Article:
• She laid her hand on the latch of the door.她把手放在门闩上。
  • The repairman installed an iron latch on the door.修理工在门上安了铁门闩。
34 chiding 919d87d6e20460fb3015308cdbb938aa     
v.责骂,责备( chide的现在分词 )
参考例句:
  • She was chiding her son for not being more dutiful to her. 她在责骂她儿子对她不够孝尽。 来自《简明英汉词典》
  • She called back her scattered maidens, chiding their alarm. 她把受惊的少女们召唤回来,对她们的惊惶之状加以指责。 来自辞典例句
35 begetting d0ecea6396fa7ccb7fa294ca4c9432a7     
v.为…之生父( beget的现在分词 );产生,引起
参考例句:
  • It was widely believed that James' early dissipations had left him incapable of begetting a son. 人们普通认为,詹姆士早年生活放荡,致使他不能生育子嗣。 来自辞典例句
  • That best form became the next parent, begetting other mutations. 那个最佳形态成为下一个父代,带来其他变异。 来自互联网
36 curiously 3v0zIc     
adv.有求知欲地;好问地;奇特地
参考例句:
  • He looked curiously at the people.他好奇地看着那些人。
  • He took long stealthy strides. His hands were curiously cold.他迈着悄没声息的大步。他的双手出奇地冷。
37 query iS4xJ     
n.疑问,问号,质问;vt.询问,表示怀疑
参考例句:
  • I query very much whether it is wise to act so hastily.我真怀疑如此操之过急地行动是否明智。
  • They raised a query on his sincerity.他们对他是否真诚提出质疑。
38 broach HsTzn     
v.开瓶,提出(题目)
参考例句:
  • It's a good chance to broach the subject.这是开始提出那个问题的好机会。
  • I thought I'd better broach the matter with my boss.我想我最好还是跟老板说一下这事。
39 indifference k8DxO     
n.不感兴趣,不关心,冷淡,不在乎
参考例句:
  • I was disappointed by his indifference more than somewhat.他的漠不关心使我很失望。
  • He feigned indifference to criticism of his work.他假装毫不在意别人批评他的作品。
40 irritability oR0zn     
n.易怒
参考例句:
  • It was the almost furtive restlessness and irritability that had possessed him. 那是一种一直纠缠着他的隐秘的不安和烦恼。
  • All organisms have irritability while alive. 所有生物体活着时都有应激性。
41 undesirable zp0yb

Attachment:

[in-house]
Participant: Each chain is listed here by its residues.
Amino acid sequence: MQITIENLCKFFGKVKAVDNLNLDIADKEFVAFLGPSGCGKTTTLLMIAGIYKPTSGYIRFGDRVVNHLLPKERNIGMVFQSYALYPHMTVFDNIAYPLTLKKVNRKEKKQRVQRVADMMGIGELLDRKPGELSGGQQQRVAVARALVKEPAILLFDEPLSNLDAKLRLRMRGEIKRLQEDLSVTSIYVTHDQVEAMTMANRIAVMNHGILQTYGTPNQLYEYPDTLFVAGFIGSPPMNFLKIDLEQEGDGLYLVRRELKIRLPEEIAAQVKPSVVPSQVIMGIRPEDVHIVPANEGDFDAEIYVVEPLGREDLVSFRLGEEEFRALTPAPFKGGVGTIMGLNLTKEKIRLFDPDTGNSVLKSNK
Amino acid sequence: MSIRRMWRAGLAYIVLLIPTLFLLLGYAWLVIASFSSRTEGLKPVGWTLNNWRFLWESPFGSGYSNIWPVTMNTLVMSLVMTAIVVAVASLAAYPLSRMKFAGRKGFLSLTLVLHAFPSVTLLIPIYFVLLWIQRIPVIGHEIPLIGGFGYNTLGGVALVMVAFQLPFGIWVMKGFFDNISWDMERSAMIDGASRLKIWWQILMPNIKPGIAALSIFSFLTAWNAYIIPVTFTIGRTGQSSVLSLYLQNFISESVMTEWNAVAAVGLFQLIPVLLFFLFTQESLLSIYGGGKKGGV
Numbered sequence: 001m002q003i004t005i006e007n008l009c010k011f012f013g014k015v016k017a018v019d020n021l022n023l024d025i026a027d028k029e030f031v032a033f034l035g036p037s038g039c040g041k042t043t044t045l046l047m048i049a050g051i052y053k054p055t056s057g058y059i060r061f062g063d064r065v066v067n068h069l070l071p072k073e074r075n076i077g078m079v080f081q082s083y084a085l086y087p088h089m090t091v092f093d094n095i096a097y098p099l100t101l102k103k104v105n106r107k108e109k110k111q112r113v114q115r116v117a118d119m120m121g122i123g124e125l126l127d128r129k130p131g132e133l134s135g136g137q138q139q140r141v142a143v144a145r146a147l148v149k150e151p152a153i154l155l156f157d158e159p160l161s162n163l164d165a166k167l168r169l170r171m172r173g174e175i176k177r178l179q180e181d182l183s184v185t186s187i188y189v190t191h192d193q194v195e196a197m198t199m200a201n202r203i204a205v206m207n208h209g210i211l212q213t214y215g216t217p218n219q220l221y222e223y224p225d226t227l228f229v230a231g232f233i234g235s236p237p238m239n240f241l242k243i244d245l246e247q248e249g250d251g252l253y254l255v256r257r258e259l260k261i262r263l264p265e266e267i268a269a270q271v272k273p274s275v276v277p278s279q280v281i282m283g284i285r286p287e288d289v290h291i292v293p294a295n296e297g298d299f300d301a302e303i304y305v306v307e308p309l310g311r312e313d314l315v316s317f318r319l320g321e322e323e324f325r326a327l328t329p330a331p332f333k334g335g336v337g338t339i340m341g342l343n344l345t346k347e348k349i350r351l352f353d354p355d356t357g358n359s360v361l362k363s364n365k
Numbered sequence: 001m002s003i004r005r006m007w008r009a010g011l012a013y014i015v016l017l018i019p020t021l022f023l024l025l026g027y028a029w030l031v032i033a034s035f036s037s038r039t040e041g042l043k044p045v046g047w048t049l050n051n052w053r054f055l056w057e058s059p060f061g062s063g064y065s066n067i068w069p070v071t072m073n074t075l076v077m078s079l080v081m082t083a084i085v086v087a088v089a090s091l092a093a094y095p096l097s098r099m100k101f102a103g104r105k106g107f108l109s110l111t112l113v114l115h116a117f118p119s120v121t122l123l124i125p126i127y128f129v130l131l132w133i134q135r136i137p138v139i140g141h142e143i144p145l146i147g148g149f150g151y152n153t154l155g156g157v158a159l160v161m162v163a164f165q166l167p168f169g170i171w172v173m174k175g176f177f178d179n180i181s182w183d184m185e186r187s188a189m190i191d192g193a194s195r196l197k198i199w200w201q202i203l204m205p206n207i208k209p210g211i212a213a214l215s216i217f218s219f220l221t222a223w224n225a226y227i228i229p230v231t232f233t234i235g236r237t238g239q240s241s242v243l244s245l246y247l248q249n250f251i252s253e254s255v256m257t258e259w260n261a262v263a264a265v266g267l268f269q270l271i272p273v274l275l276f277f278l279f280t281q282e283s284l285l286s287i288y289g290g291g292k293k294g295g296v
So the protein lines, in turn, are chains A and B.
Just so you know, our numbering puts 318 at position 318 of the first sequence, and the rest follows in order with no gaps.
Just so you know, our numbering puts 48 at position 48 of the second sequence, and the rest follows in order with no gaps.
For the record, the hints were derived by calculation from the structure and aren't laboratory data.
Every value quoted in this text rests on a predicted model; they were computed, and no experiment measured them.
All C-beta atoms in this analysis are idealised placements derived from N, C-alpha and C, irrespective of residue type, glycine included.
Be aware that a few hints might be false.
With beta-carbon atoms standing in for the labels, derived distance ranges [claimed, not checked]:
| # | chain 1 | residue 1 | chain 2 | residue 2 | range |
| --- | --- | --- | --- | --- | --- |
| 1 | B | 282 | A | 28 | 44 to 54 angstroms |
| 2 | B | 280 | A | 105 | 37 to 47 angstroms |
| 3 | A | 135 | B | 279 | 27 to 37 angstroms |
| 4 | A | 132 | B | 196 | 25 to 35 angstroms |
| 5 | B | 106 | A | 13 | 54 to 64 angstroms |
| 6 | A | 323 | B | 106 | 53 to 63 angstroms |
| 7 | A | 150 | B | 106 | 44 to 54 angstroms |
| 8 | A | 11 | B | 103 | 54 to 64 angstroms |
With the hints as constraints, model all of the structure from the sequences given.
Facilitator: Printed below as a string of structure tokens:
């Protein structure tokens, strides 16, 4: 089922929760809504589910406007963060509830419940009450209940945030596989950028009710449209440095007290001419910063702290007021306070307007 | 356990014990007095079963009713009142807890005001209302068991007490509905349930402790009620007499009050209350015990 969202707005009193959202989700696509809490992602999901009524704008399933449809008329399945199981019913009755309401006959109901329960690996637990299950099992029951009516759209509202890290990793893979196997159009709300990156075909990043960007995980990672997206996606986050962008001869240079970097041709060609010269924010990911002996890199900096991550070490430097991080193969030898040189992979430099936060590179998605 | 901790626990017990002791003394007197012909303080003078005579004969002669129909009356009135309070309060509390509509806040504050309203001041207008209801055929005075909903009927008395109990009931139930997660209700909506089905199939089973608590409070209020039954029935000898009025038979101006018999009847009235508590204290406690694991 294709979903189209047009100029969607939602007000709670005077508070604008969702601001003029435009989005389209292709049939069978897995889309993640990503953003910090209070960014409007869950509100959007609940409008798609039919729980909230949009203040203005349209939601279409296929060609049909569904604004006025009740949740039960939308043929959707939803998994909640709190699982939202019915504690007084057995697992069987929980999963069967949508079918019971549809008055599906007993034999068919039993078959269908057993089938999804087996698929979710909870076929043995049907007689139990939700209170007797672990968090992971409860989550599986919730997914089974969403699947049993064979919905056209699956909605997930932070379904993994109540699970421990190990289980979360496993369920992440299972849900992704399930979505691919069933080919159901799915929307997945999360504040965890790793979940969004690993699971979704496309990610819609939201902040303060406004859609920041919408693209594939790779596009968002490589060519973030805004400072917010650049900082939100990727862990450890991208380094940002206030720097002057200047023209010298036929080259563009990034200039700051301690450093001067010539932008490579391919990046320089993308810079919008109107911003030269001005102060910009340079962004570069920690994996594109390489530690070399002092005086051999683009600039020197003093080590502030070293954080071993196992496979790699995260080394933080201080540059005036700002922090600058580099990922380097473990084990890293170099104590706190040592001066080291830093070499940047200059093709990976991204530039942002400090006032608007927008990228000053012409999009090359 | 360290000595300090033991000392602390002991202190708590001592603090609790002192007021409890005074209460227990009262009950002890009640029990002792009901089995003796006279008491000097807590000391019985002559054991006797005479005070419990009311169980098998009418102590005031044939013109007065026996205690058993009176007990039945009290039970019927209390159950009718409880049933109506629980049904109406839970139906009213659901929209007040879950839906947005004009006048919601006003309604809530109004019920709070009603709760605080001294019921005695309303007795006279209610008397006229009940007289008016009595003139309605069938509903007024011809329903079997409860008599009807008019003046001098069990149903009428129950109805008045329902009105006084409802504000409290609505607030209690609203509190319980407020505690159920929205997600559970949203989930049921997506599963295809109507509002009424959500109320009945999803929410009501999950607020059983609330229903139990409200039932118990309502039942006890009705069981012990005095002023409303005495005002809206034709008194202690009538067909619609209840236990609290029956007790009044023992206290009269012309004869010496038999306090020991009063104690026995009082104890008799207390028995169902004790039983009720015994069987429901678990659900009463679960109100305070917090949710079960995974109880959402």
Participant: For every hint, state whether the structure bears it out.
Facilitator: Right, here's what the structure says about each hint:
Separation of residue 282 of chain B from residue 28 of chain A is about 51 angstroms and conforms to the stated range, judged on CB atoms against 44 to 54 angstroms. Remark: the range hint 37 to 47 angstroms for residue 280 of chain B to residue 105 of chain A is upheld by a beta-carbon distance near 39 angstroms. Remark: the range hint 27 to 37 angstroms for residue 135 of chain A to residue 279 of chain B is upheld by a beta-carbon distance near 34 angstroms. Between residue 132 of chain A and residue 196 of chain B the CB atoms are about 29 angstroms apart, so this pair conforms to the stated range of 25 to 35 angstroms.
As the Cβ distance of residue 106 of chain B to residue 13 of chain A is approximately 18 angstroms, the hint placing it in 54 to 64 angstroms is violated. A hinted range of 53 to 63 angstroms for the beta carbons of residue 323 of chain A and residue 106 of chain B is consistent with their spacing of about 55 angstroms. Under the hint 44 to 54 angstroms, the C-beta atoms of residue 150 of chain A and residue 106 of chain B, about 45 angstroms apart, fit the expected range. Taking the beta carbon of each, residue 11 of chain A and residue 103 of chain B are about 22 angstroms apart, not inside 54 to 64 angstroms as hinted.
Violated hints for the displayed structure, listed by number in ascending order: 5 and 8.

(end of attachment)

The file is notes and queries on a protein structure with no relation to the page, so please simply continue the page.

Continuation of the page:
adj.不受欢迎的,不良的,不合意的,讨厌的;n.不受欢迎的人,不良分子
参考例句:
  • They are the undesirable elements among the employees.他们是雇员中的不良分子。
  • Certain chemicals can induce undesirable changes in the nervous system.有些化学物质能在神经系统中引起不良变化。
42 hesitation tdsz5     
n.犹豫,踌躇
参考例句:
  • After a long hesitation, he told the truth at last.踌躇了半天,他终于直说了。
  • There was a certain hesitation in her manner.她的态度有些犹豫不决。
43 annuity Kw2zF     
n.年金;养老金
参考例句:
  • The personal contribution ratio is voluntary in the annuity program.企业年金中个人缴费比例是自愿的。
  • He lives on his annuity after retirement.他退休后靠退休金维生。
44 drizzling 8f6f5e23378bc3f31c8df87ea9439592     
下蒙蒙细雨,下毛毛雨( drizzle的现在分词 )
参考例句:
  • The rain has almost stopped, it's just drizzling now. 雨几乎停了,现在只是在下毛毛雨。
  • It was drizzling, and miserably cold and damp. 外面下着毛毛细雨,天气又冷又湿,令人难受。
45 laborious VxoyD     
adj.吃力的,努力的,不流畅
参考例句:
  • They had the laborious task of cutting down the huge tree.他们接受了伐大树的艰苦工作。
  • Ants and bees are laborious insects.蚂蚁与蜜蜂是勤劳的昆虫。
46 apotheosis UMSyN     
n.神圣之理想;美化;颂扬
参考例句:
  • The legend of king arthur represent the apotheosis of chivalry.亚瑟王的传说代表骑士精神的顶峰。
  • The Oriental in Bangkok is the apotheosis of the grand hotel.曼谷的东方饭店是豪华饭店的典范。
47 mildewed 943a82aed272bf2f3bdac9d10eefab9c     
adj.发了霉的,陈腐的,长了霉花的v.(使)发霉,(使)长霉( mildew的过去式和过去分词 )
参考例句:
  • Things easily get mildewed in the rainy season. 梅雨季节东西容易发霉。 来自《现代汉英综合大词典》